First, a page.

chapter 29
Metabolism of Iron and Heme
FIG U RE 29-5
Synthesis o f uroporphyrinogen I and III. The latter is the biologically useful isomer, and its form ation requires the action
o f uroporphyrinogen-III synthase. Ac, -C H 2CO OH ; P, -C H 2C H 2COOH.
inner mitochondrial membrane, and its active site faces the
cytosolic side of the membrane. Formation of heme is ac-
complished by ferrochelatase (or heme synthase), which
incorporates Fe2+ into protoporphyrin and is inhibited by
lead. Zinc can function as a substrate in the absence of iron.
Disorders o f Heme Biosynthesis
The porphyrias are a group of disorders caused by
abnormalities in heme biosynthesis. They are inherited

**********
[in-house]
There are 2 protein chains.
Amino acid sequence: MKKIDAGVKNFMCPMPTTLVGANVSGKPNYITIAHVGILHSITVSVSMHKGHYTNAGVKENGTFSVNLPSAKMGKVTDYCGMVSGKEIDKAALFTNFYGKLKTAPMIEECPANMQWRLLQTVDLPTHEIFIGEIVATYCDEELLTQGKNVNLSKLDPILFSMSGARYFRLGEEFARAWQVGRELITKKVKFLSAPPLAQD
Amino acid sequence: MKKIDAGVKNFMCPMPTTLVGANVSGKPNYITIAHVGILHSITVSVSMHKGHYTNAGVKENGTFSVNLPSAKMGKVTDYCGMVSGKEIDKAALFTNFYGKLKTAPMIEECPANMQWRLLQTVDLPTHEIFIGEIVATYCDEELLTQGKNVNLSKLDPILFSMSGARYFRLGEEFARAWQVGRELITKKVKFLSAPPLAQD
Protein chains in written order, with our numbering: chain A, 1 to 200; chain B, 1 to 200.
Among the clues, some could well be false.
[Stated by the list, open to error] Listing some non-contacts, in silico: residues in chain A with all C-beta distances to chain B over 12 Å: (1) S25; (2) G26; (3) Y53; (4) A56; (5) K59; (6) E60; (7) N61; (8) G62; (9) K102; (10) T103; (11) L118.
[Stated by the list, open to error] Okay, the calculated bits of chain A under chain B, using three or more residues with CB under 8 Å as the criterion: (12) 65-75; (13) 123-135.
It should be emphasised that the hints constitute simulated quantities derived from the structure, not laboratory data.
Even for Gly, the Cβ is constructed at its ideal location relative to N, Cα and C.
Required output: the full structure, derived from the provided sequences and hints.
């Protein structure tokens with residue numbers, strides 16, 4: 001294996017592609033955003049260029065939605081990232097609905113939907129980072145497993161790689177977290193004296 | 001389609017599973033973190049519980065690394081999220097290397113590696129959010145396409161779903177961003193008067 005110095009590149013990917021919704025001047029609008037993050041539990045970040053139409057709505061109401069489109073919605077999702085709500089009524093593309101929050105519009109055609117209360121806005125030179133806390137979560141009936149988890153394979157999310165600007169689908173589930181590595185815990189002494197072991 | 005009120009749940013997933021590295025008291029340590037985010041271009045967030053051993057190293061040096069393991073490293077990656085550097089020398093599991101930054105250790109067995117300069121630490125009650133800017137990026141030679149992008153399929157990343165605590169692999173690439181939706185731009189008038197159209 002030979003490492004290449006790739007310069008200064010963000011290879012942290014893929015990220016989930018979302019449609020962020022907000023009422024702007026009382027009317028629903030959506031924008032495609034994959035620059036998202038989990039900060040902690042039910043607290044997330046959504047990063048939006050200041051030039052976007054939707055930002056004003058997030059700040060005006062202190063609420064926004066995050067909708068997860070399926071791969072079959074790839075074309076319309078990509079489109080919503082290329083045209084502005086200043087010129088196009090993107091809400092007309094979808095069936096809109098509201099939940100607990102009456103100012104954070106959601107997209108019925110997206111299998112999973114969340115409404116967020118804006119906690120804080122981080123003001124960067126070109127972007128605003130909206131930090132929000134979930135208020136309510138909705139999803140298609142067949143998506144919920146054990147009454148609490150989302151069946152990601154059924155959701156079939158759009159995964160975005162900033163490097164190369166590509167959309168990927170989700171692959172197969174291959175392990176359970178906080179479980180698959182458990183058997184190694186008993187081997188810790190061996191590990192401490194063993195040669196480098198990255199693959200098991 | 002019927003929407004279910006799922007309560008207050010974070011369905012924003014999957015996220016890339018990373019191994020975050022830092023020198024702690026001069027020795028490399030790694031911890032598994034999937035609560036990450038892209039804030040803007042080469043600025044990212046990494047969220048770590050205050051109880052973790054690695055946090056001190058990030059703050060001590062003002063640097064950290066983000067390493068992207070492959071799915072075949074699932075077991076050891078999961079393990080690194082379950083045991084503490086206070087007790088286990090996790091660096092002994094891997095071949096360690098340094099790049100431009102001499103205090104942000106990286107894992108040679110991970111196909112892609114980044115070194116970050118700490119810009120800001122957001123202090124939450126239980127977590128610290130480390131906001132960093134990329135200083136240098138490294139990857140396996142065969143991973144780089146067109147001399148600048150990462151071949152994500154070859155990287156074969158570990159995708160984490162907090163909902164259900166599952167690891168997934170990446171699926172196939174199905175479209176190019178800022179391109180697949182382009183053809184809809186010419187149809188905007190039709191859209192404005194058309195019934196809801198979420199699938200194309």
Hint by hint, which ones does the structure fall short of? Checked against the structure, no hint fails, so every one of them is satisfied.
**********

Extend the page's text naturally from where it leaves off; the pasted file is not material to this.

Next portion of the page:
and acquired disorders characterized by excessive accu-
mulation and excretion of porphyrins or their precursors.
Defects in any one of the eight enzymes involved in
heme biosynthesis may cause inherited porphyrin-related
disorders (Figure 29-9). Porphyrins have a deep red or
purple color (Greek
= purple). Porphyrins are
excreted by different routes, depending on their water
solubility. For example, uroporphyrin with its eight car-
boxylic group substituents is more water-soluble than
the porphyrins derived from it and is eliminated in the
urine, whereas protoporphyrin (which contains two car-
boxylic groups) is excreted exclusively in bile. Copropor-
phyrin has four carboxylic groups and is found in bile
and urine.
These disorders are associated with acute or cuta-
neous manifestations (or both). In the acute state, the
presentation may include abdominal pain, constipation,
hypertension, tachycardia, and neuropsychiatrie mani-
festations. Cutaneous problems consist of photosensi-
tivity (itching, burning, redness,
swelling, and scar-
ring), hyperpigmentation, and sometimes hypertrichosis
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